Wonder Woman: Odyssey

Wonder Woman - OdysseySummary: Wonder Woman gets a new costume in this start to bestselling writer J. Michael Straczynski’s run on the iconic character’s series, collected from issues #600-606. Diana must track down the truth behind what’s happened to her timeline and face the biggest stunner of all: Who destroyed Paradise Island? All bets are off as Wonder Woman embarks on an odyssey to find her past, getting a new costume, a new set of foes, and a new tone from the ground up!
Wonder Woman: Odyssey, by J. Michael Staczynski and Don Kramer 6.75

Well, it finally came in! After weeks of wait, this collection of Wonder Woman comics, the one that initiated my quest for anything by J. Michael Staczynski, has fallen into my hands.

Alas, it is not nearly as superb as I was hoping it to be – first, due to my quick glimpse through its pages, and then due to Staczynski’s skill at delivering modern spins on old classics. Given how unattached I am to the character, I thought this completely new take would win me over.

Not quite. Surprisingly.

In this iteration of the superheroine, Diana is a supercool, superhot chiquita who wears leggings, small boots and an ’80s-style jacket (complete with shoulder pads!). She is young, angry, and morally ambiguous. But, most of all, she doesn’t fully understand her past.

What’s confusing is that her reality appears to have been altered. While it’s a reboot, for all intents and purposes, this book suggests that someone’s messed with the “real” Wonder Woman and that this version of her needs to right things again.

Presumably, this was DC’s way to get back out if fans hated the revamp; this setting is not necessarily permanent. But it could be. Clever? Or merely disingenuous? Hmmmm…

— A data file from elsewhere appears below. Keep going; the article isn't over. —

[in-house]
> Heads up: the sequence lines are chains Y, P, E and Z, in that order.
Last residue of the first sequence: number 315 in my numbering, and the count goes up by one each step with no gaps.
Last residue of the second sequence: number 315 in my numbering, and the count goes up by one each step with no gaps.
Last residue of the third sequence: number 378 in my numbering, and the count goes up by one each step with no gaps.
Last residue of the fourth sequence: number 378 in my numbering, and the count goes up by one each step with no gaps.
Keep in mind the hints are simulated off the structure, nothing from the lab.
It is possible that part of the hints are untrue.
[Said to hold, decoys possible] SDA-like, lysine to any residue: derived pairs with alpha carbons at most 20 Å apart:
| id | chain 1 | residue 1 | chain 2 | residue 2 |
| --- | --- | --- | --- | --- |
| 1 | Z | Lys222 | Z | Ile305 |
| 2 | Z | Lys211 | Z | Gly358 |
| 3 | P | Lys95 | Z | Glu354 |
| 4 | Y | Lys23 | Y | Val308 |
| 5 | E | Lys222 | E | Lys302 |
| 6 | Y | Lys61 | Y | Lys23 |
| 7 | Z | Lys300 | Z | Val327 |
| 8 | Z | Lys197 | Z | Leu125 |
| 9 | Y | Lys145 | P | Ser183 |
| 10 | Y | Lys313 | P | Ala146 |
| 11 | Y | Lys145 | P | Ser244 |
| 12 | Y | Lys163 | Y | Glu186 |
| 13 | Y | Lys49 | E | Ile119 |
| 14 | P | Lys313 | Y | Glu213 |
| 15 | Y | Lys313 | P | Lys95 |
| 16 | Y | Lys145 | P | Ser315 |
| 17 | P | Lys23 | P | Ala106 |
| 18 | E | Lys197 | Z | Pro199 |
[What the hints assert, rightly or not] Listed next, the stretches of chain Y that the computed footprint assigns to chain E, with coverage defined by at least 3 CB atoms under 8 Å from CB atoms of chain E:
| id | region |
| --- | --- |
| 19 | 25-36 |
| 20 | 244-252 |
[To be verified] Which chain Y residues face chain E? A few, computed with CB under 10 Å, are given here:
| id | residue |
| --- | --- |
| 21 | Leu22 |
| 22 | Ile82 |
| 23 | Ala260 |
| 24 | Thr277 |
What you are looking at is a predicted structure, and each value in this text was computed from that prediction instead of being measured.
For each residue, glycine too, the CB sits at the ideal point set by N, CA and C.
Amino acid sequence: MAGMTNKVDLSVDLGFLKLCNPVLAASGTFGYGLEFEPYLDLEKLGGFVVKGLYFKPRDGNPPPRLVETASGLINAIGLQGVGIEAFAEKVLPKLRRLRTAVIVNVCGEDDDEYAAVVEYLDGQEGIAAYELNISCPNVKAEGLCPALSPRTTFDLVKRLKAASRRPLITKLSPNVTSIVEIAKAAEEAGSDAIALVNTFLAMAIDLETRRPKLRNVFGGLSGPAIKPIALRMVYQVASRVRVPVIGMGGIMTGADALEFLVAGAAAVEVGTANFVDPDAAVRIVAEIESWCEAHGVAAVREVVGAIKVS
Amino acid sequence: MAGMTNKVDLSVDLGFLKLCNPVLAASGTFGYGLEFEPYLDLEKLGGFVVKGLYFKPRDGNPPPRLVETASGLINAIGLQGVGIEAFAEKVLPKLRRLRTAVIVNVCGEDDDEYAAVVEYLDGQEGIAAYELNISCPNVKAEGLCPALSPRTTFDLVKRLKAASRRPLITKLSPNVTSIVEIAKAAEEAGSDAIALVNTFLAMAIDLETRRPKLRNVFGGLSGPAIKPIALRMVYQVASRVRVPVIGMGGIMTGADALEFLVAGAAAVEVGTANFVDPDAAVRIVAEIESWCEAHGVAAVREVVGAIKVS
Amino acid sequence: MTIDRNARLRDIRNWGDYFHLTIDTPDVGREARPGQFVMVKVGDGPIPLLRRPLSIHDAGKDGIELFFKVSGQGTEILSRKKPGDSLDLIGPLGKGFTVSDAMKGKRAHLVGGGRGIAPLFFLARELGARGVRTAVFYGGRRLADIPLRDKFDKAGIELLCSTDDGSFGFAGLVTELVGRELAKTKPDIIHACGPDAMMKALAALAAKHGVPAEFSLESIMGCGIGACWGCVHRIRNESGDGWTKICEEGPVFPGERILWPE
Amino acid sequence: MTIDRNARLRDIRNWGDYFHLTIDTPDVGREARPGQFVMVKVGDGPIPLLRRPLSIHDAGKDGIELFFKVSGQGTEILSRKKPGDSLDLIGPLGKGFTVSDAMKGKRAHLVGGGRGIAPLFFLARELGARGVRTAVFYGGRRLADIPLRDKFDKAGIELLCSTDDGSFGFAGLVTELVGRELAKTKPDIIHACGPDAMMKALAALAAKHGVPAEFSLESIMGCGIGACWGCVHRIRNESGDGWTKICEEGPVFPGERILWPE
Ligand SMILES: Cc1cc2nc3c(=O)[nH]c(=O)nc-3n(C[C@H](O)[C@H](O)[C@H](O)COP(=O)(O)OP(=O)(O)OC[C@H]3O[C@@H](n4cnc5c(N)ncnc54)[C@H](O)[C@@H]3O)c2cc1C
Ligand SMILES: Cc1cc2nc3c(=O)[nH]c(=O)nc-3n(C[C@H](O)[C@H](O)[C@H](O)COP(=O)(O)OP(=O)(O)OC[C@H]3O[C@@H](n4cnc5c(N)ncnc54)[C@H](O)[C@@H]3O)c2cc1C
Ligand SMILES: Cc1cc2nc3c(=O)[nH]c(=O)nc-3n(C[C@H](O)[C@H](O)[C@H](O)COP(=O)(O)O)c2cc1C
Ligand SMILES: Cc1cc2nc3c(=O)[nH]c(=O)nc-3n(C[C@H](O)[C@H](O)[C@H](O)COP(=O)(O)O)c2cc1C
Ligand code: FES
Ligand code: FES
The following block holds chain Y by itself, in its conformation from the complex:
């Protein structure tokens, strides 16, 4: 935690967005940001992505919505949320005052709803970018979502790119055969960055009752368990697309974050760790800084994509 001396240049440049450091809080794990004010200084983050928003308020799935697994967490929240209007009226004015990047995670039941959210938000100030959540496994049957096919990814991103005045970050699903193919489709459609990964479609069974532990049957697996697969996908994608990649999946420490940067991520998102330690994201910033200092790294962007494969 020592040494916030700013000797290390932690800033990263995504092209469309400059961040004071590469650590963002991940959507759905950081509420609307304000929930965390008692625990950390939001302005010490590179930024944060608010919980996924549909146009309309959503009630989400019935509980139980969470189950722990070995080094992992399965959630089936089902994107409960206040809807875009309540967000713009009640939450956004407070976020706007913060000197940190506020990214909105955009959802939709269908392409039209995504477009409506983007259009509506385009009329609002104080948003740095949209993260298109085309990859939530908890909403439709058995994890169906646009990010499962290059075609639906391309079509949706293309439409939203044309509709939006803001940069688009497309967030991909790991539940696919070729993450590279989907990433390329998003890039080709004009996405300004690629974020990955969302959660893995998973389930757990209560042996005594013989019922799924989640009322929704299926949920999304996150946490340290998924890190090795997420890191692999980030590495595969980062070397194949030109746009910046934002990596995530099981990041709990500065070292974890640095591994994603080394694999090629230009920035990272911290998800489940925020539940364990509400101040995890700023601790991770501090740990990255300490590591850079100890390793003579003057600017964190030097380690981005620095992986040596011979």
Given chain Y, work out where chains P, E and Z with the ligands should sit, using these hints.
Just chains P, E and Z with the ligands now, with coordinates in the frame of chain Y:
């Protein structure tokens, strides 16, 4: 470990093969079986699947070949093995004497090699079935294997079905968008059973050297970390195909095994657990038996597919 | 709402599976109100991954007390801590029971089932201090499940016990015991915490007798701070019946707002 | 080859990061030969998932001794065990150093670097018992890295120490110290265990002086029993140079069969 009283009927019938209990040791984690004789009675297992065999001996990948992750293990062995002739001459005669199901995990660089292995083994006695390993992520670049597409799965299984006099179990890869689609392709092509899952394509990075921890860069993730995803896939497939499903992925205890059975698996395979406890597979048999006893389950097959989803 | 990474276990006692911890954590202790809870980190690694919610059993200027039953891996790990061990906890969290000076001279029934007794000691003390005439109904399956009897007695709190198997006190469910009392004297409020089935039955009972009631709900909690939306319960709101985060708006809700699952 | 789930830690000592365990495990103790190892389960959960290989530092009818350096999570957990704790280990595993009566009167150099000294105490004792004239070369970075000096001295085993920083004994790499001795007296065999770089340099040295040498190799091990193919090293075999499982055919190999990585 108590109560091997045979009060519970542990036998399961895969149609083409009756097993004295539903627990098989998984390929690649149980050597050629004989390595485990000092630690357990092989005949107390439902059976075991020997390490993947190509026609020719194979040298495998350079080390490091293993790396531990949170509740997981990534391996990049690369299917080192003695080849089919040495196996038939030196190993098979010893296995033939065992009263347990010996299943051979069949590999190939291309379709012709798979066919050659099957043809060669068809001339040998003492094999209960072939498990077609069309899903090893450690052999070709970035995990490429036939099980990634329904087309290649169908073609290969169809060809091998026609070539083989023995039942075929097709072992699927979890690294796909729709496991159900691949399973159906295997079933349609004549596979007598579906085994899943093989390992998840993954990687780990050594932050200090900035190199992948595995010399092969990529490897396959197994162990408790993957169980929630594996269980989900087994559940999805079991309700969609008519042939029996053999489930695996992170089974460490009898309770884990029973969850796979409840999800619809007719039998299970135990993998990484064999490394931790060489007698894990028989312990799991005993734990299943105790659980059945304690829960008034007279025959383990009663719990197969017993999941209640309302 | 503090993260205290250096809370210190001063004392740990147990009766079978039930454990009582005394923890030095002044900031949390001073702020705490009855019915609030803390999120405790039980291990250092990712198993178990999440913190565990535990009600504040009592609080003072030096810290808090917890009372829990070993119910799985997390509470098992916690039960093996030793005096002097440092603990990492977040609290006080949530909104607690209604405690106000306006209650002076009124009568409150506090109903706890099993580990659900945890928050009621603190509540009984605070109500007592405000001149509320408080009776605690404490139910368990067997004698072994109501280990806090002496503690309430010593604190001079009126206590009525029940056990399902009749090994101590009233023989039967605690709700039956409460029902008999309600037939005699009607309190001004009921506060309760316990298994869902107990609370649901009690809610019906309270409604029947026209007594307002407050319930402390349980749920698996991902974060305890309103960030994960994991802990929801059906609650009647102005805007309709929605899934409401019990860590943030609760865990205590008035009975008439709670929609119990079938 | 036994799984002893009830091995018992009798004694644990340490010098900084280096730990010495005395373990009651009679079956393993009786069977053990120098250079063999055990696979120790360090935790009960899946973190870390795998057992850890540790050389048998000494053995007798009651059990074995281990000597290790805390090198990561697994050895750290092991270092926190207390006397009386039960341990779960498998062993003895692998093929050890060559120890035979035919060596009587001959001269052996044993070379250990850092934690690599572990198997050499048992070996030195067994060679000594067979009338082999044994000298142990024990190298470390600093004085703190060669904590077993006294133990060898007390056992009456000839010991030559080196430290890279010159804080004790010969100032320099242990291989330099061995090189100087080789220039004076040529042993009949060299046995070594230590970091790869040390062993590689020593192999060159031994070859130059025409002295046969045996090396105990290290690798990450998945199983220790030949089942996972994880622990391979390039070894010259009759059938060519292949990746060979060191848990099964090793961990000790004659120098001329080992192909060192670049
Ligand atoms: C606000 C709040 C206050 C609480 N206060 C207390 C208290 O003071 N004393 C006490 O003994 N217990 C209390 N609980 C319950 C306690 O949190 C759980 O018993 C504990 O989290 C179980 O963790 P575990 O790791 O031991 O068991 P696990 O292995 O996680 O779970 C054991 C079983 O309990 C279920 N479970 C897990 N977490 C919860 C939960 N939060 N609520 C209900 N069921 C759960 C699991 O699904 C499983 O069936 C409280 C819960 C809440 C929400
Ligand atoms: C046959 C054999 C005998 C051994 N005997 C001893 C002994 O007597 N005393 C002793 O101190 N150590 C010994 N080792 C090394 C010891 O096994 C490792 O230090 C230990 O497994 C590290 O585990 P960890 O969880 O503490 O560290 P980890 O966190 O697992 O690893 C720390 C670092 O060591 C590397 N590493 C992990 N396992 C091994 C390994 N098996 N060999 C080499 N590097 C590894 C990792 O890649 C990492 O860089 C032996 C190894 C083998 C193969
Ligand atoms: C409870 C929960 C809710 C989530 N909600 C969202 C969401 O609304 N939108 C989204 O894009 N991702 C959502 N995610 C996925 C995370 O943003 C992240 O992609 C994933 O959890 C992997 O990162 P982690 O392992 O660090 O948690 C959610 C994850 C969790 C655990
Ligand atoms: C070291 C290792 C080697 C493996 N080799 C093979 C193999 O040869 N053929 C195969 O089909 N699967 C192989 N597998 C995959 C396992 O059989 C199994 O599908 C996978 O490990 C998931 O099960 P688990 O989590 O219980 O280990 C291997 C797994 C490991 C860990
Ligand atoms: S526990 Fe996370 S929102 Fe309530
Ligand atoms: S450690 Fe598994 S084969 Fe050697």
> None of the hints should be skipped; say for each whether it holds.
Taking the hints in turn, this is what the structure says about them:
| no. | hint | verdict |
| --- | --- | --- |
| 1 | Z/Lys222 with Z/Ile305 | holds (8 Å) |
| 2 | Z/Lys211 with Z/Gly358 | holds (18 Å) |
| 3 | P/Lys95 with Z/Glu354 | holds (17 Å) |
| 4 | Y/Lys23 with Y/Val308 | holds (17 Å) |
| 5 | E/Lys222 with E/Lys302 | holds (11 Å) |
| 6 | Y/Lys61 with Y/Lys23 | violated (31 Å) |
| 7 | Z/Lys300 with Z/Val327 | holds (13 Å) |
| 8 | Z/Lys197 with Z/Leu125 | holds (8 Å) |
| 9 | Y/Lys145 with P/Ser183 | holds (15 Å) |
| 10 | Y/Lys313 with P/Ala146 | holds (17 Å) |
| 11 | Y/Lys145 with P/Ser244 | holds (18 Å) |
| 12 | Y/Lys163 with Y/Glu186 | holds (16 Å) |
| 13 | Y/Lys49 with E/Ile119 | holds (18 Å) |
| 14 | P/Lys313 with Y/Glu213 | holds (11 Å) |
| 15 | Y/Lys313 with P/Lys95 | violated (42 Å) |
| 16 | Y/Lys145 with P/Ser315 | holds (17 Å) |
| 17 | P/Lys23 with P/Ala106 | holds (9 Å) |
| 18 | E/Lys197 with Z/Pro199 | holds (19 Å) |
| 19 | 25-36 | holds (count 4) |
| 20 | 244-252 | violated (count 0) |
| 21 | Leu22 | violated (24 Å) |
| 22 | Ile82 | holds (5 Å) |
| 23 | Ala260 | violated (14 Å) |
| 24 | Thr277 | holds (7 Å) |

Anyway, Diana tracks down The Oracle, discovers the truth about her origins (in this version, that Paradise Island was destroyed and that she is one of the few survivors of the massacre), and goes out for vengeance. It’s indeed a very different character, and one more attuned to modern sensibilities.

In other words, it’s not really fresh.

Much like Staczynski’s take on Superman in ‘Earth One’, we are tossed a revenge story in lieu of a tale of morality – the story of a hero who fights the good fight because the fight itself is worth it. It greys out what was once a rather pristine heroine by even allowing her to willfully kill one of her aggressors.

While I commend the writer for taking on the hefty challenge of redoing an icon from scratch, I also found myself bored with the direction that it he took. Perhaps it’s not so much the writer’s fault as my own undervaluing of the character in the first place, but I wouldn’t be able to say without reading old school WW books – which I’m wont to do.

What I find interesting is the timing of this story arc, which came around the time that DC was trying to get a Wonder Woman television show off the ground. While the origins are completely different, the character’s looks are more akin than not. I’m curious to know if there was an attempt at bridging the two mediums – not that it matters, since the show’s pilot was so bloody awful that it never got off the ground.

The art, thankfully, is quite good. Kramer’s pencils are detailed, the panelling is coherent and everything is inked and coloured beautifully. I still wonder about Jim lee’s design for Wonder Woman, and I also have a bone to pick with the fact that all the women in this book have big boobs – including the Amazons, which, so the legend goes, would most certainly not.

I wish that artists would realize that a DD-sized superheroine would have back problems or knock herself out fighting crime – it’s just not realistic, from a practical standpoint, nor statistically-speaking.

Okay, okay.. I know that it’s a male fantasy. But perhaps it would be great for the women to be more realistic – both for real men and women’s sake. It just doesn’t create role models that one could ever hope to be or be with. Of course, the same could be said for all the groinless, insanely muscular men that parade in these comic books, too. But are the scales balanced? I’m not so sure… that’s a discussion for another time – and at greater length.

All this to say that this was a serviceable new take on Wonder Woman, but nothing more. It didn’t challenge itself or its audience in any major way, other than to force them to accept something entirely discrepant with the series’ legacy. Beyond that, it’s run-of-the-mill stuff and it doesn’t even really warrant mentioning. It’s a blip on the radar, in the grand scheme of things. In fact, DC has already rebooted the series since – and all of their other series. So it’s inconsequential.

What do you think?

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